With the Social Democrats and the Greens now on their side, Jozef Moravčík (DU), Ján Čarnogurský (KDH), and Ján Langoš (DS) are hoping they will be able to toast an election victory next year.
The move's consequences were twofold - a new swimmer that can match the muscle of Prime Minister Vladimír Mečiar's Movement for a Democratic Slovakia (HZDS) emerged on one end. A washout crawled out on the other, however, since the Party of the Democratic Left (SDĽ) was marooned not only by SDSS and SZS, but also by the Farmers' Movement (HP) which is considering a fusion with the farmers' party within the ruling coalition.
Getting ready to clash
According to Eduard Kukan, the DU chairman, the principal goal of the rainbow coalition, as the formation soon was called, is to create a strong democratic bloc that can pull in more votes than HZDS in the next year's general elections and gain the right to form a government. "This is the only chance to save democracy and, consequently, Slovakia's future," he said. Leaders of the rainbow coalition claim they can get up to 40 percent of votes while the HZDS shouldn't beat the 30 percent mark.
He may be right. The polls have been consistently showing over the past year that preferences of the rainbow parties combined make up slightly over 40 percent, while combined preferences of all current ruling parties have never gotten over the 40-percent mark during the same period.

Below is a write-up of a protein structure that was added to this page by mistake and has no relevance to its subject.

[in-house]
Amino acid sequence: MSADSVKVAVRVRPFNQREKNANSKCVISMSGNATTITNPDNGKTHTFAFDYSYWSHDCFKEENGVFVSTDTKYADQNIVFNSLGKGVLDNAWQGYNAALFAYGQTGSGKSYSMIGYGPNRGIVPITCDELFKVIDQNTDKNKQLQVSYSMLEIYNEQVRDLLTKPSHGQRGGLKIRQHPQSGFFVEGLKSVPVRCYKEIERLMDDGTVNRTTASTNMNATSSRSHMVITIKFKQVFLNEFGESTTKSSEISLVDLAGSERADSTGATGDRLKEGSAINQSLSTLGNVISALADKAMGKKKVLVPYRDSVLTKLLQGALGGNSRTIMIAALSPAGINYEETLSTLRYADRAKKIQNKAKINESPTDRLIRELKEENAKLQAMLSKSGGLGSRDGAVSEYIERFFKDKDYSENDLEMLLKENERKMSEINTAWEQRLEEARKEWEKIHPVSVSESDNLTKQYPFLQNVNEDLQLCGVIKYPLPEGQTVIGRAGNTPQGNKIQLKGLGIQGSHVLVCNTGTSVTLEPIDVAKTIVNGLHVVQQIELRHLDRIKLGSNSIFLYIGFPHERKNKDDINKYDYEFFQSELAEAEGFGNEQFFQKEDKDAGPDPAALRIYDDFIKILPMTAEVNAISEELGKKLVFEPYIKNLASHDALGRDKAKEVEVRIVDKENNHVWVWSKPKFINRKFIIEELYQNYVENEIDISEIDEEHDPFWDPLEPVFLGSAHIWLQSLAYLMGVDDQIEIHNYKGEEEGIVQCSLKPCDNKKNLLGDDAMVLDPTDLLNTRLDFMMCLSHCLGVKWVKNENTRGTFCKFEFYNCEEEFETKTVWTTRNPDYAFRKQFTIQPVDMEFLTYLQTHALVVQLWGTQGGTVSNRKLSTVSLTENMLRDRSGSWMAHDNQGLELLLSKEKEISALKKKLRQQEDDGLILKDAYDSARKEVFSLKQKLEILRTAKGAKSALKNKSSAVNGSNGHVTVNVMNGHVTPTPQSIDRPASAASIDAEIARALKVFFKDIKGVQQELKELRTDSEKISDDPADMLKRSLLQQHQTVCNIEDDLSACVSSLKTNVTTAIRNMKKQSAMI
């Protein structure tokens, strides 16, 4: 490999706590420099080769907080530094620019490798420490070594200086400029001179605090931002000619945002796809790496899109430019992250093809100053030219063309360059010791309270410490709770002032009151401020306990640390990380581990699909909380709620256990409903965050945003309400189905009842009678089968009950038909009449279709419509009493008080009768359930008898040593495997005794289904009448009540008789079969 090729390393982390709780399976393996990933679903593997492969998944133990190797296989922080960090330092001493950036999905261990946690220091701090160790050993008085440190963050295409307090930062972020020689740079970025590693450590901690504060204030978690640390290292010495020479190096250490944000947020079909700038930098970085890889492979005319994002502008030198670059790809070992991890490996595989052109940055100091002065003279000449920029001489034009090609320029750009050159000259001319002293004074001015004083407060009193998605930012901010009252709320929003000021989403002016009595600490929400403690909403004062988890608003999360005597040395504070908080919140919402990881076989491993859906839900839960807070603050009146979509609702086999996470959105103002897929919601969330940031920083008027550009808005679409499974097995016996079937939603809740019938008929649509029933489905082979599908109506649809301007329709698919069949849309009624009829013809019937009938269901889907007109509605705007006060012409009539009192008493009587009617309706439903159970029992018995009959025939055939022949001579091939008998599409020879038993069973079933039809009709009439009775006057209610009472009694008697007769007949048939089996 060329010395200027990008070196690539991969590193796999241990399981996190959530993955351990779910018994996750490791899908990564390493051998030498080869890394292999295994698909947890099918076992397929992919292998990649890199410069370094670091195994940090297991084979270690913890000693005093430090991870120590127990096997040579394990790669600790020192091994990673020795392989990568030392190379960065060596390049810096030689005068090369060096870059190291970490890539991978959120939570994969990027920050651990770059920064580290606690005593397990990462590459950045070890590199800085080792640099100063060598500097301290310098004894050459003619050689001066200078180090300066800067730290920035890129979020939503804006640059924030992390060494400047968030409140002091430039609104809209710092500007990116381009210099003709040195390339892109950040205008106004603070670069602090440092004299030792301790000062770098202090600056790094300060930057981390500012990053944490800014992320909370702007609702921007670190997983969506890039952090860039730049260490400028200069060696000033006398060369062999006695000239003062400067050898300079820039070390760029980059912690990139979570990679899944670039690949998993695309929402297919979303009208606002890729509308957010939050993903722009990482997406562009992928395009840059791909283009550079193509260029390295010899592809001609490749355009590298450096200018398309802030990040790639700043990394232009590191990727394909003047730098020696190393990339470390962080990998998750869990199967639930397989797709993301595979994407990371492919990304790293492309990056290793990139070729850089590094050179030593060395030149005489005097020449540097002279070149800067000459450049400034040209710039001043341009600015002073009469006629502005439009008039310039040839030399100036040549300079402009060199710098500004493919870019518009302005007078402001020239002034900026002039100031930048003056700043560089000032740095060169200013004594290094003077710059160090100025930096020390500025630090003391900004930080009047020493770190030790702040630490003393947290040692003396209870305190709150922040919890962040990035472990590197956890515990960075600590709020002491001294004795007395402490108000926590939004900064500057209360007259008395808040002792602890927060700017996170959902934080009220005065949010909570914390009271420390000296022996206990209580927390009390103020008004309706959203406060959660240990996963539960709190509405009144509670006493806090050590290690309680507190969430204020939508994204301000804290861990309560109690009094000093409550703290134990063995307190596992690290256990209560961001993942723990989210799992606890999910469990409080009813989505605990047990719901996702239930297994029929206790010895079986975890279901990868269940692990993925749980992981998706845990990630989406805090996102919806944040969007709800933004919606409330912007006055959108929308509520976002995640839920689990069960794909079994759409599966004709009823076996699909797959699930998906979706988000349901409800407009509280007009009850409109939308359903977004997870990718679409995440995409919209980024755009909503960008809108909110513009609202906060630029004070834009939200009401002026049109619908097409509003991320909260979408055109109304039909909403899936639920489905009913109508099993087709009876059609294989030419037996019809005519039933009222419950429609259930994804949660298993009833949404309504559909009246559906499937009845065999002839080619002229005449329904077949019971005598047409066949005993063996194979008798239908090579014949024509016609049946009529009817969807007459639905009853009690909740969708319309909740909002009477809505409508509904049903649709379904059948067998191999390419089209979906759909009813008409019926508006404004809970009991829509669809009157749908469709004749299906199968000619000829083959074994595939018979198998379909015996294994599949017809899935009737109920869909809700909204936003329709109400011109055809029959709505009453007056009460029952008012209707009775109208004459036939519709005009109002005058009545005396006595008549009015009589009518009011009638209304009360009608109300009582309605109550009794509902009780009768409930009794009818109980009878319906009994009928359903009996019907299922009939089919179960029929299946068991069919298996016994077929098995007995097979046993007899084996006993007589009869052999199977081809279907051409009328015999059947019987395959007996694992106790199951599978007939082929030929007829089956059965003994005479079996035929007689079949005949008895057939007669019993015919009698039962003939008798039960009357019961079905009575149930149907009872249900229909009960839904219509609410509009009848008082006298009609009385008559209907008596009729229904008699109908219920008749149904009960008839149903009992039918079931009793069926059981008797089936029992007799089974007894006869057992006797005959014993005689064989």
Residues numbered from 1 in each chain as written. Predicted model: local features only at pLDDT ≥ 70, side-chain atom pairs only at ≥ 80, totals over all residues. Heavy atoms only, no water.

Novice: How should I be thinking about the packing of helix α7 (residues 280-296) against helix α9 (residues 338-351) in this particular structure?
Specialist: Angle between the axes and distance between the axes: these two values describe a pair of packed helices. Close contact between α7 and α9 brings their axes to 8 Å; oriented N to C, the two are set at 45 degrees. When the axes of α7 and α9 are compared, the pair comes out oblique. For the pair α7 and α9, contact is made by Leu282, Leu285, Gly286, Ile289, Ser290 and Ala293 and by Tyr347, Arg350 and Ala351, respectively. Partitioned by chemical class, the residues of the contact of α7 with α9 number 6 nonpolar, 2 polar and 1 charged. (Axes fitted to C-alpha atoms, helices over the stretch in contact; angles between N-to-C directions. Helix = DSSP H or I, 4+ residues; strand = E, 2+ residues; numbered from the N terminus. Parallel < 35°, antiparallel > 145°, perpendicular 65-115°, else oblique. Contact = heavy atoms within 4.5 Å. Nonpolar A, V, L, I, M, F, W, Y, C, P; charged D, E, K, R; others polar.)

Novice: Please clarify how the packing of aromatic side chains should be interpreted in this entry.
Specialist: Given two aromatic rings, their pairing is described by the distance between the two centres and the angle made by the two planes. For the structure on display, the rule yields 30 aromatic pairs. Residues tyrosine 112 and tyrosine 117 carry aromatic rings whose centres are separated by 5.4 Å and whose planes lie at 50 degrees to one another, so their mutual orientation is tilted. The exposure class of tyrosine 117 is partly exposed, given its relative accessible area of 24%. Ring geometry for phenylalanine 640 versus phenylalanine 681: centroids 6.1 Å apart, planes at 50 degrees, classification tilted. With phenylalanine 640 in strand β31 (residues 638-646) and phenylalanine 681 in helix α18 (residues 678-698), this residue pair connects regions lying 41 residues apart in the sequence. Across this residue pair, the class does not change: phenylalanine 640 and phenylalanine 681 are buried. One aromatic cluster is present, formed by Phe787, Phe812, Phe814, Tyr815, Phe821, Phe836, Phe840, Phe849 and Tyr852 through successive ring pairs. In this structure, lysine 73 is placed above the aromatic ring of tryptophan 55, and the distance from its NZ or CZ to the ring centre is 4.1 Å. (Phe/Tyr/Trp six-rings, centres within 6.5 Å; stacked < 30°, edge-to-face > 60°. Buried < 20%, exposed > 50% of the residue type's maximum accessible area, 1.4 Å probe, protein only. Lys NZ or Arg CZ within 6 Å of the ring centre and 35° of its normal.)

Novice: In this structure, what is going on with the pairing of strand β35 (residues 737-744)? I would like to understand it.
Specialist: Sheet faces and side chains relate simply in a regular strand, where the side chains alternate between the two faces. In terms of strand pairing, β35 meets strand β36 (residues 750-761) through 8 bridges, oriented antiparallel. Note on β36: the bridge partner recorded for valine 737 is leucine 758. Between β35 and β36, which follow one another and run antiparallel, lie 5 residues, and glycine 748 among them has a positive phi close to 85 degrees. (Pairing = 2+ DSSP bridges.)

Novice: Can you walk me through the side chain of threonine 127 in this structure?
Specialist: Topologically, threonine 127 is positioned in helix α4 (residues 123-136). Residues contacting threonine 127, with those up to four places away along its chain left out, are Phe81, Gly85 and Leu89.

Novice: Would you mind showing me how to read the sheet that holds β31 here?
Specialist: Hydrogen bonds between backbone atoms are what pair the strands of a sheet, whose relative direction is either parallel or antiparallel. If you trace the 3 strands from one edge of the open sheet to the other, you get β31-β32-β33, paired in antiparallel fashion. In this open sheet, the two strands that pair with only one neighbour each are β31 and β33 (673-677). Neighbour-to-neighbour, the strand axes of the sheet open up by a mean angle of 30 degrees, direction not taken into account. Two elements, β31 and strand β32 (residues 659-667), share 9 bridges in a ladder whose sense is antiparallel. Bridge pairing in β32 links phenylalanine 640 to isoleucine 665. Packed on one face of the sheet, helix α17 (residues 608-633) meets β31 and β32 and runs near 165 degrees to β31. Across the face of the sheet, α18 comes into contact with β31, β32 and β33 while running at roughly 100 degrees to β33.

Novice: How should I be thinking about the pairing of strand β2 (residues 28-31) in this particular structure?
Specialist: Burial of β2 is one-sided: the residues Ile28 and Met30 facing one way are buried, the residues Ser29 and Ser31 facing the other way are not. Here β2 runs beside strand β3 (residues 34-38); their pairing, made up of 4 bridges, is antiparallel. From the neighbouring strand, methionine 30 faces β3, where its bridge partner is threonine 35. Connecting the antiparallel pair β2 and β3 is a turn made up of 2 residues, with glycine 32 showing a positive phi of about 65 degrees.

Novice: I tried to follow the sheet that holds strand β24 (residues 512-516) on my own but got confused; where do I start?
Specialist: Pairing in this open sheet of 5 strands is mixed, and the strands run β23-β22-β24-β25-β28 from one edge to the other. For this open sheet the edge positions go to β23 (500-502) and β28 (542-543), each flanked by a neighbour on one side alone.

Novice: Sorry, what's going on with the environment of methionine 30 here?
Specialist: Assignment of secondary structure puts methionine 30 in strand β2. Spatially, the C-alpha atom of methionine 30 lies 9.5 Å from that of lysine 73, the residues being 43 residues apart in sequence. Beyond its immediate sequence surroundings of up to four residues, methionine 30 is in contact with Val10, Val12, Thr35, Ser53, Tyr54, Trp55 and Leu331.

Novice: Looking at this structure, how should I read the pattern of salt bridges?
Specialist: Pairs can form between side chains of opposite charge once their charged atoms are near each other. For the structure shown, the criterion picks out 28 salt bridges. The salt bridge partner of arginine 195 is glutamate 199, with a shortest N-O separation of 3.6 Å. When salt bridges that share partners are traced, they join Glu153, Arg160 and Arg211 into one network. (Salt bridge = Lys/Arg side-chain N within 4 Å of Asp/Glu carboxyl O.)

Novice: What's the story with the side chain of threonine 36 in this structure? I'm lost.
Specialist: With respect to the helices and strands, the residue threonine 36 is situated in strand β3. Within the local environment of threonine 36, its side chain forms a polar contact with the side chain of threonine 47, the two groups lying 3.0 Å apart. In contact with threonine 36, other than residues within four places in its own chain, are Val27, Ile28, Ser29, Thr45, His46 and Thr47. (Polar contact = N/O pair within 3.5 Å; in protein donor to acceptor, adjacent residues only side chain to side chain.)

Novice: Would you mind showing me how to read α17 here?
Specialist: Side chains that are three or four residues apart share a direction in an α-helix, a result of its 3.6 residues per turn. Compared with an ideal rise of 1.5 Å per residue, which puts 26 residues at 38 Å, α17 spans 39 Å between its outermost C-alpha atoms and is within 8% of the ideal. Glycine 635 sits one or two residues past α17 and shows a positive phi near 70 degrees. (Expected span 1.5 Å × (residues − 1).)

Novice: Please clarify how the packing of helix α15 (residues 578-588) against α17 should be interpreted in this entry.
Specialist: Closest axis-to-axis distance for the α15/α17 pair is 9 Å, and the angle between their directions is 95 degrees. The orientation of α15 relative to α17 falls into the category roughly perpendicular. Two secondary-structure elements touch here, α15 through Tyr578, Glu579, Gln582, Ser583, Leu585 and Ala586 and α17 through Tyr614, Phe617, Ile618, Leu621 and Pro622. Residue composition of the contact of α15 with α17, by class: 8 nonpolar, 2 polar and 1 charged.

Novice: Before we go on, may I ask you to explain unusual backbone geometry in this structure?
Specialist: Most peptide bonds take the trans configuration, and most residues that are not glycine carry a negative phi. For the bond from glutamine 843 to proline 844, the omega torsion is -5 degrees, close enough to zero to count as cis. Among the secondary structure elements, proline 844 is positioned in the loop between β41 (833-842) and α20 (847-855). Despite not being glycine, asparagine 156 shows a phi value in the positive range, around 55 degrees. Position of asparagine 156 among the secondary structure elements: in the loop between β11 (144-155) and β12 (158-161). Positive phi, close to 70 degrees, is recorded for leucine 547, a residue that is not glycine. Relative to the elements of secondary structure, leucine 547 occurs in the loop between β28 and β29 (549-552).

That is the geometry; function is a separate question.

"Even if HZDS entered the elections together with its present satellites - SNS and ZRS - I don't think they would obtain the necessary quorum to form a working government," Kukan added.
The challenged champion doesn't seem to have lost a single bit of self-confidence, trashtalking the challenger. Tibor Cabaj, chairman of the HZDS deputy club, called the newly emerged group a motley mess instead of harmonious rainbow. "If you mix from left to right, [it is going to be] a hybrid [like we already] had with the Moravčík government," he said.
Cabaj sees no problem with the fact that the HZDS coalition partners have different program priorities, such as neutrality and refusal to NATO. "The coalition agreement stipulates that six months before the elections, everyone is on his own," said Cabaj who firmly believes that HZDS is going to win again. "The worst case scenario is that we'll get what we got the last time - 34.96 percent," he said, adding that a strong opposition bloc won't lure any voters away from his movement.
Jozef Prokeš, the SNS honorary chairman, also believes that the current coalition is going to win again, but he thinks it's not a matter of pre-election coalition, but of post-election talks. Prokeš added that SNS could break the 10 percent mark.
Anton Poliak, a ZRS deputy, was more careful about future cooperation with HZDS and preferred creation of a leftist bloc with SDĽ. That's why he doesn't consider the recent SDSS and SZS decision reasonable. If ZRS entered the elections alone, Poliak thinks it would stay around the level from 1994 - 7.34 percent. The polls consistently show ZRS between 3 and 5 percent, just below the necessary 5-percent threshold to enter the assembly.